Our Thirty Years In Spain

Published on 11/11/2011 in Real Life Stories

It was the face of my seven-year-old little girl Lisa, covered in angry mosquito bites, as she returned from a school sports class in the 40-degree heat that gave me my only wobble about having uprooted the family to Spain. In 1981 Los Boliches was still separated from Fuengirola by farmland.

Lisa and our nine-year-old son Marcus had been enrolled in the local English school. St Anthony’s College was at that time a ramshackle, whitewashed house next to the Shell petrol station.

On occasion pupils had to chase the rats from the classroom before lessons started. Being tiny, ‘Spanish tummy’ was a real issue and the tap water was not drinkable.

The coast was thriving but issues with administration and laws meant life could be a challenging mix of job hunting, queuing in the Town Hall with a mountain of confusing paperwork and waiting for the power and water to be restored. Jennifer and I watched with trepidation as the family adjusted to the new life abroad.

The children looked happy enough, after all the rat-catching before class was something of a novelty, and they soon loved days by the pool and on the beach. At night we all enjoyed late night walks along the busy Paseo. Jobs were secured, friends were soon made and life for all of us became one long happy Spanish summer of beaches, mountains, picnics, ferias and ventas.

Before Spain

At the age of 21, after becoming champion boxer of Fiji I had travelled to Merseyside and found work as a bus driver and later in Vauxhall’s. I met Jennifer and we married at her local church in the small village of Brombrough.

Being a mixed marriage my father-in-law refused to attend the wedding. Fortunately, her mum and brother came and the wedding went ahead. Marcus was born in 1971 and in 1974 Lisa completed the family.

Through hard work and determination we managed to buy a nice detached house in a prestigious area of the Wirral and had a new car every year. But strikes were rife and it wasn’t all smooth running.

I began to miss the warm weather of my South Seas upbringing and wanted more freedom for the children. I answered a job advert in property sales on the Costa del Sol and came to check out schools and find an apartment.

In those days in Spain it was difficult to find work and become a legal resident. Officially foreigners had to leave the country every three months. Fortunately a loophole in the Spanish law, exploited by all ex-pats, meant a return daytrip to Morocco secured that all-important passport stamp. Eventually, I leased a bar in Fuengirola and my wife found employment in real estate.

Returned to Devils IslandOur residencia and work permit were permanently granted.

Despite the early days of rat-catching, the children had a great education on the Coast with smaller classes, excellent teachers and a free and relaxed lifestyle. Marcus, now a music producer in Los Angeles, and Lisa who is a journalist in London wax lyrical about their idyllic upbringing on the Costa.

After 30 years Jennifer and I are now pensioners and still love everything this magnificent country has to offer. We would not even trade it for the paradise island of Fiji.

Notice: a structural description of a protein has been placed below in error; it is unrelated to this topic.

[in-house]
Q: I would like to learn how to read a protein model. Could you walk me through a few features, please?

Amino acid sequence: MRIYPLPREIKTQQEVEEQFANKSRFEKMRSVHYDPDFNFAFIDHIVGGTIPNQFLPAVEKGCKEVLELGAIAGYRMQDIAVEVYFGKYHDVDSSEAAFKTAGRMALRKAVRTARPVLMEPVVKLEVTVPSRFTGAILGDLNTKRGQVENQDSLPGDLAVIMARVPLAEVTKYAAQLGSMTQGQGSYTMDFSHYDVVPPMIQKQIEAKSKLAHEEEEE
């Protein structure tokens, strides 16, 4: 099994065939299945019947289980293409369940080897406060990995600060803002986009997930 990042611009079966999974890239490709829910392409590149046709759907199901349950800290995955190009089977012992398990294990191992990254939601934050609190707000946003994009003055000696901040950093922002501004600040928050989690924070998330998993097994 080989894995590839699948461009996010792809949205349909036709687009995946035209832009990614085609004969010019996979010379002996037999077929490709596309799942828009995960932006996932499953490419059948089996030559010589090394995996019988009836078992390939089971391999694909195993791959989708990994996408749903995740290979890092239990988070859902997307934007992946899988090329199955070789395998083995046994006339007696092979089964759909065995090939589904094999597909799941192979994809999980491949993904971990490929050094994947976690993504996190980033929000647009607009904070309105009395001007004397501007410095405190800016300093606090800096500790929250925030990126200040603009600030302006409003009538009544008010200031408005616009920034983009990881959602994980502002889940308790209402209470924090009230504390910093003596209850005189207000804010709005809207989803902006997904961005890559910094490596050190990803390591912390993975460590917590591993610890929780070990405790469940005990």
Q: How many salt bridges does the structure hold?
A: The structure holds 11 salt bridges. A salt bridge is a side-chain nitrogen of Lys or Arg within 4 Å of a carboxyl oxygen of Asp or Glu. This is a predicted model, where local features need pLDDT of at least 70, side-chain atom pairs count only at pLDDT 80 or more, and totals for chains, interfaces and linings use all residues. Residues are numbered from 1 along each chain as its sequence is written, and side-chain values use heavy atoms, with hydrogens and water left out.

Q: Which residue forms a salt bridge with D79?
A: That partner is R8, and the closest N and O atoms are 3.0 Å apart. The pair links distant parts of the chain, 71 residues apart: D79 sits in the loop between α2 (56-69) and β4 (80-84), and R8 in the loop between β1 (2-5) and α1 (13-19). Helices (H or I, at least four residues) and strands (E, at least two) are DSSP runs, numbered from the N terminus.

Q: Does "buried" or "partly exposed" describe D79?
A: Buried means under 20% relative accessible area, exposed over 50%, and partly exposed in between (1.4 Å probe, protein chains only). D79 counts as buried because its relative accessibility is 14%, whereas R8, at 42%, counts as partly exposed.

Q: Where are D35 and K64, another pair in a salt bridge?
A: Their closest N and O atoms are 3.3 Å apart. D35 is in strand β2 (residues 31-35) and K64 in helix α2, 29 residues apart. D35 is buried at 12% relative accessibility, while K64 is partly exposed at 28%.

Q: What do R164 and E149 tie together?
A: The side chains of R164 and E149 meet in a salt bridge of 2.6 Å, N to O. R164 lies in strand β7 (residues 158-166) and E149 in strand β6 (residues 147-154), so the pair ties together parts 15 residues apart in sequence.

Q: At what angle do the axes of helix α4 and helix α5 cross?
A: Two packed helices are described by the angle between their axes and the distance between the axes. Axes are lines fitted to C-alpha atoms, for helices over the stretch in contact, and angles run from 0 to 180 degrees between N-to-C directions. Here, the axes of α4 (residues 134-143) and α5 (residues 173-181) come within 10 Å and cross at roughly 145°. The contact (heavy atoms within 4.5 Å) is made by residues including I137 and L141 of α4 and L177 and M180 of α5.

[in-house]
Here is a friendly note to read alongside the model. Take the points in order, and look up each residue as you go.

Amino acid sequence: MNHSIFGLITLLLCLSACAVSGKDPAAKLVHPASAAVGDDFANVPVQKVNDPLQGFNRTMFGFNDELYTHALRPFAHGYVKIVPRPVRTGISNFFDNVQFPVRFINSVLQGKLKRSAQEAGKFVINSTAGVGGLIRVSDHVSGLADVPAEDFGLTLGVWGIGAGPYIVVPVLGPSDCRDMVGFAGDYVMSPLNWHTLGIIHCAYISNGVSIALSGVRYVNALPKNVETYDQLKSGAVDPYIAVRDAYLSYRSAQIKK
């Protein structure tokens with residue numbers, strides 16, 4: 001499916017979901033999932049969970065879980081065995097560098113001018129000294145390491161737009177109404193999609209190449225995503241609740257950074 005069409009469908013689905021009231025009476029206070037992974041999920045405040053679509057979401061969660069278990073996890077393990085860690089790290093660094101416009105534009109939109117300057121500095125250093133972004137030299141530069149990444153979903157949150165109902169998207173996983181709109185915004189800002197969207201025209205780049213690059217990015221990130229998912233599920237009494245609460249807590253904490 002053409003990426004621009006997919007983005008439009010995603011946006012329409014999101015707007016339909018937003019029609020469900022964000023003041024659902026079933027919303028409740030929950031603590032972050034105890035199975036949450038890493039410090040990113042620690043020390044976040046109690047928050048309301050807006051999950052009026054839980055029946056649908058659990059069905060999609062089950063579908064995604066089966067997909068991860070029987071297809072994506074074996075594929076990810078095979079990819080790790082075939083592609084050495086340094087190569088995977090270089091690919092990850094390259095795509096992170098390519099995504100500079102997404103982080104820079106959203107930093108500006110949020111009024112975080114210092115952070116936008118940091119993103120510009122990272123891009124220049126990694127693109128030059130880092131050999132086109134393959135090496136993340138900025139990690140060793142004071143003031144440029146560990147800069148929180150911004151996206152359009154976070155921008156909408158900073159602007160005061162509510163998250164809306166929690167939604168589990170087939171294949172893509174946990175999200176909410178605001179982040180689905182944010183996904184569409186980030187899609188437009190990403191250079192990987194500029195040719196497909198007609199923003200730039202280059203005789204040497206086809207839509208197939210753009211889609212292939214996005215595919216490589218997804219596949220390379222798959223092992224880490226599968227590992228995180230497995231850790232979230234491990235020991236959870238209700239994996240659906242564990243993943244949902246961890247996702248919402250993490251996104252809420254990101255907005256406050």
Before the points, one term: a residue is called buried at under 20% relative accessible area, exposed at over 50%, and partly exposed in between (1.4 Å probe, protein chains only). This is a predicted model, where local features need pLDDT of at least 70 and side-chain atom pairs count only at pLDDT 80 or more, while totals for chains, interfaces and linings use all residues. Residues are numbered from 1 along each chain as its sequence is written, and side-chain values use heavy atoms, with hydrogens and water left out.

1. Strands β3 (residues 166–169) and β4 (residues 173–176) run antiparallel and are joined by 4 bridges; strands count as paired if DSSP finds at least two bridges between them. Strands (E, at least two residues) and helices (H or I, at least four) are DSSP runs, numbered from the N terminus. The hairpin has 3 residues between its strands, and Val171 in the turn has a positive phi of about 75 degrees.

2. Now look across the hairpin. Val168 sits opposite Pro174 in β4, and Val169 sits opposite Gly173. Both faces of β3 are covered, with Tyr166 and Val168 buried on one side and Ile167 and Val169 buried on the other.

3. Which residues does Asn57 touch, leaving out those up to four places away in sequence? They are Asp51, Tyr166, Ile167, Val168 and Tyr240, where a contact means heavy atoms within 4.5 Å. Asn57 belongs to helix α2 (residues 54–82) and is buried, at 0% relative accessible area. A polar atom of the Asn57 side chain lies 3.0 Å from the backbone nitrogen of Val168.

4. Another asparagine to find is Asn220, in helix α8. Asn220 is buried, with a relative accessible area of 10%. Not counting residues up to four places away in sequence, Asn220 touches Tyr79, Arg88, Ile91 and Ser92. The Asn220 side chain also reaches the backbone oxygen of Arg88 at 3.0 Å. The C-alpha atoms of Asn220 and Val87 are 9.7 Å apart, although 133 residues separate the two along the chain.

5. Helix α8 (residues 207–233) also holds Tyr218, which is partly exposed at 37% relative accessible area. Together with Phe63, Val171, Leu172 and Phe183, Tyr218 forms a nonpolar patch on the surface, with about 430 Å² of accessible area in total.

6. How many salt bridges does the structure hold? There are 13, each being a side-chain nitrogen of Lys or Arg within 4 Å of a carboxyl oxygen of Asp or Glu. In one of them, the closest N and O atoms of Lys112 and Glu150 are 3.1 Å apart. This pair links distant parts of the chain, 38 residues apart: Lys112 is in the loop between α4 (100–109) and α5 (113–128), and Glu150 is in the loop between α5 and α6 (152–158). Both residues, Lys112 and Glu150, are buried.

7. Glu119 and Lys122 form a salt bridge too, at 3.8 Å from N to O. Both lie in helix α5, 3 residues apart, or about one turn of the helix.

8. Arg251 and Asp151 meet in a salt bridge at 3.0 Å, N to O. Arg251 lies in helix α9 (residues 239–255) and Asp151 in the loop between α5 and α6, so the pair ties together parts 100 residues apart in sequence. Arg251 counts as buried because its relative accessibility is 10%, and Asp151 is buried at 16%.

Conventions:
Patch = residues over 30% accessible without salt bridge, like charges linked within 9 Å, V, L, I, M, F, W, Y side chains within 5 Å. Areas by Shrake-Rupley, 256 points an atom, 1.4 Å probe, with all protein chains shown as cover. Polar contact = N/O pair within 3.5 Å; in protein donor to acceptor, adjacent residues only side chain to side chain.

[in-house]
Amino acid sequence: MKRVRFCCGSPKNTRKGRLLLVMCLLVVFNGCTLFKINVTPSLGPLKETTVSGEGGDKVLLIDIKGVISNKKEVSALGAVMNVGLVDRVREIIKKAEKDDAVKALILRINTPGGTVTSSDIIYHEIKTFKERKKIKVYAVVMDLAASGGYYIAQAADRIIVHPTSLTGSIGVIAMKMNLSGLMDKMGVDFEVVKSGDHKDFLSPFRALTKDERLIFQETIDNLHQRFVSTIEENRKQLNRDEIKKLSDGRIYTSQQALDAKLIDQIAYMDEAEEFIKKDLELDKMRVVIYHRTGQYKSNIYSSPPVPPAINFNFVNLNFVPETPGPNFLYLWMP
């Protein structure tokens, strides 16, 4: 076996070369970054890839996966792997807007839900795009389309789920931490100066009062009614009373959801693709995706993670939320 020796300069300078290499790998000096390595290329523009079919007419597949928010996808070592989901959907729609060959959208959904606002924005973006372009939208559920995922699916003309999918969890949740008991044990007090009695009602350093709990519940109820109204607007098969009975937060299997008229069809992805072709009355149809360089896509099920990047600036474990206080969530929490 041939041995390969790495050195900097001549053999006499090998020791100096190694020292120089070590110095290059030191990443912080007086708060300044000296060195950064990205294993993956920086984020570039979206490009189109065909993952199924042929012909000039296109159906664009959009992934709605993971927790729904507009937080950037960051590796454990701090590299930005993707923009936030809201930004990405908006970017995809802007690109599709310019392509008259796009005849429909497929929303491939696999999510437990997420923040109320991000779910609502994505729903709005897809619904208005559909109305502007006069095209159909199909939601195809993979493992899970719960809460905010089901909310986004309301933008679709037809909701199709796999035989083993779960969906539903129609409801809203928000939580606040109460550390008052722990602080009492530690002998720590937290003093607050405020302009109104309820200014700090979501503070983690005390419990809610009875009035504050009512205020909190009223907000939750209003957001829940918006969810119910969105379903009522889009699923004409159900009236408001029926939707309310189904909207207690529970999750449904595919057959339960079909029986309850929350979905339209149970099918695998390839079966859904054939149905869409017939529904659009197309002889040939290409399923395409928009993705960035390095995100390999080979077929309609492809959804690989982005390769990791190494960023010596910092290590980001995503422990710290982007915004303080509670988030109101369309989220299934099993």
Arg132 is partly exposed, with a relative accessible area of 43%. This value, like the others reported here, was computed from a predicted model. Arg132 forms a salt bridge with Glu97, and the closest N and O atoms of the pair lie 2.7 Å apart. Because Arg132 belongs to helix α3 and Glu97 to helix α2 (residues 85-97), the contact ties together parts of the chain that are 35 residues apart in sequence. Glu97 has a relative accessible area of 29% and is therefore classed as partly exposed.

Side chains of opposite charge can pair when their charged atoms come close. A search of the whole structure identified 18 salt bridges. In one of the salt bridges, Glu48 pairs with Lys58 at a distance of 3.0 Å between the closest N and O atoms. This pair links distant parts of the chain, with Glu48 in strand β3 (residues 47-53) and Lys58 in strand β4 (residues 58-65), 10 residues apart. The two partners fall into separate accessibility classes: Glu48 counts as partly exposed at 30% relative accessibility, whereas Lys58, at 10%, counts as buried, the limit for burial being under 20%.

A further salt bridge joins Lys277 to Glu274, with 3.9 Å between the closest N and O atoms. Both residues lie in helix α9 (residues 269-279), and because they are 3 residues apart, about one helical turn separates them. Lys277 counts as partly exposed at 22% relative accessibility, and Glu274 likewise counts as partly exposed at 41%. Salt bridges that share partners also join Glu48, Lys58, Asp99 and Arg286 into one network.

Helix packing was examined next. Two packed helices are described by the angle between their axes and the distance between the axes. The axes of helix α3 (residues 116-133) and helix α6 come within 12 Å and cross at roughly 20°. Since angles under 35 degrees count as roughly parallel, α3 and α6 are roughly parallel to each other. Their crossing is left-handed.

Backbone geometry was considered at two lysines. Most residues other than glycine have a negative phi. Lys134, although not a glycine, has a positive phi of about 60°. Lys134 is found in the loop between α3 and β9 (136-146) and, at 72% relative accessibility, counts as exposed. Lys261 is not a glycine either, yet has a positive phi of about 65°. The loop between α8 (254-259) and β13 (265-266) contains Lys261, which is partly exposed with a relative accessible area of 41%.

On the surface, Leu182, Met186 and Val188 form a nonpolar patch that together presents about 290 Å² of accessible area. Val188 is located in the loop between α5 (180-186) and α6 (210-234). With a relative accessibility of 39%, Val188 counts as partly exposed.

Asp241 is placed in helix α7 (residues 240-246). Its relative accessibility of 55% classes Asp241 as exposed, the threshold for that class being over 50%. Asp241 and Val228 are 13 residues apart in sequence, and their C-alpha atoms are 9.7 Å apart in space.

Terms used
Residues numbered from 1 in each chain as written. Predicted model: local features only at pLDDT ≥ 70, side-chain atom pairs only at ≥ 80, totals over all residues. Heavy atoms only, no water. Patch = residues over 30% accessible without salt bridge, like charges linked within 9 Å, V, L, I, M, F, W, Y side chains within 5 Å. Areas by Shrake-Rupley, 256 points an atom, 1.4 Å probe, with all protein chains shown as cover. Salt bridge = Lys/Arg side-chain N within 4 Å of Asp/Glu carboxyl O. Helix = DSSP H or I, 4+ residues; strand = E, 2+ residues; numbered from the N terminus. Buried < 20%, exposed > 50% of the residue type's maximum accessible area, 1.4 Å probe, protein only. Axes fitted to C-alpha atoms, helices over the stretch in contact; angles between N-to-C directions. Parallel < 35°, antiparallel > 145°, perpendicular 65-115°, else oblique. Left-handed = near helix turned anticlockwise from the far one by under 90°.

Written by: Chris Nand

About the author:

Chris Nand’s first novel: RETURNED TO DEVIL'S ISLAND is now out on Amazon.com / Barnsandnoble.com and as an e-book on Kindle. The books is also available from Book World España, Davids Book Shop and Hemingway's in Los Boliches.

A film director from Bollywood and one from Hollywood have short-listed the story to be made into a feature film. Chris is currently seeking an executive producer to read the screenplay and help fund the project.

About the book:  It tells a story of inter-racial childhood love that survives the brutal regime of a remote convent school in Fiji during the 1940s. Two young lives betrayed and doomed but destined for life beyond the grave. Krishna (later baptized and named James) a Hindu youth escapes; the less fortunate Susan is confined and brutalized by a sect-like Order to follow its path. The diverging lives set James’s feet on a journey through paradise islands. Before him lies a sharp learning curve of love, lust and triumph in the boxing ring. Driven ever onwards by a consuming passion to reach the mother country, England


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tteedd said:
26 November 2016 @ 23:20

Hi Chris
I served with Fijians in the R Signals in the 60s.
Work hard, play hard (rugby) and read the Telegraph (rugby results). Classical education, wanted to talk about Shakespeare and Milton.
Not with me from a secondry modern!
Hope the father in law came round when the Grandchildren arrived (they are the same age and sex as my two).
How about an update?

Patricia (Campana) said:
20 November 2011 @ 22:43


Spain is a magnificent country. After more than three decades there I still think so too. But then, positive people make for positive experiences. "Wherever you go, there you are."

Good luck with everything

mike said:
12 November 2011 @ 07:54

If you want a great yarn, South Sea islands colourful lifestyle; romance that will keep its hold on you longer after you have returned it to its bookcase, or allowed a friend to borrow it buy this book.

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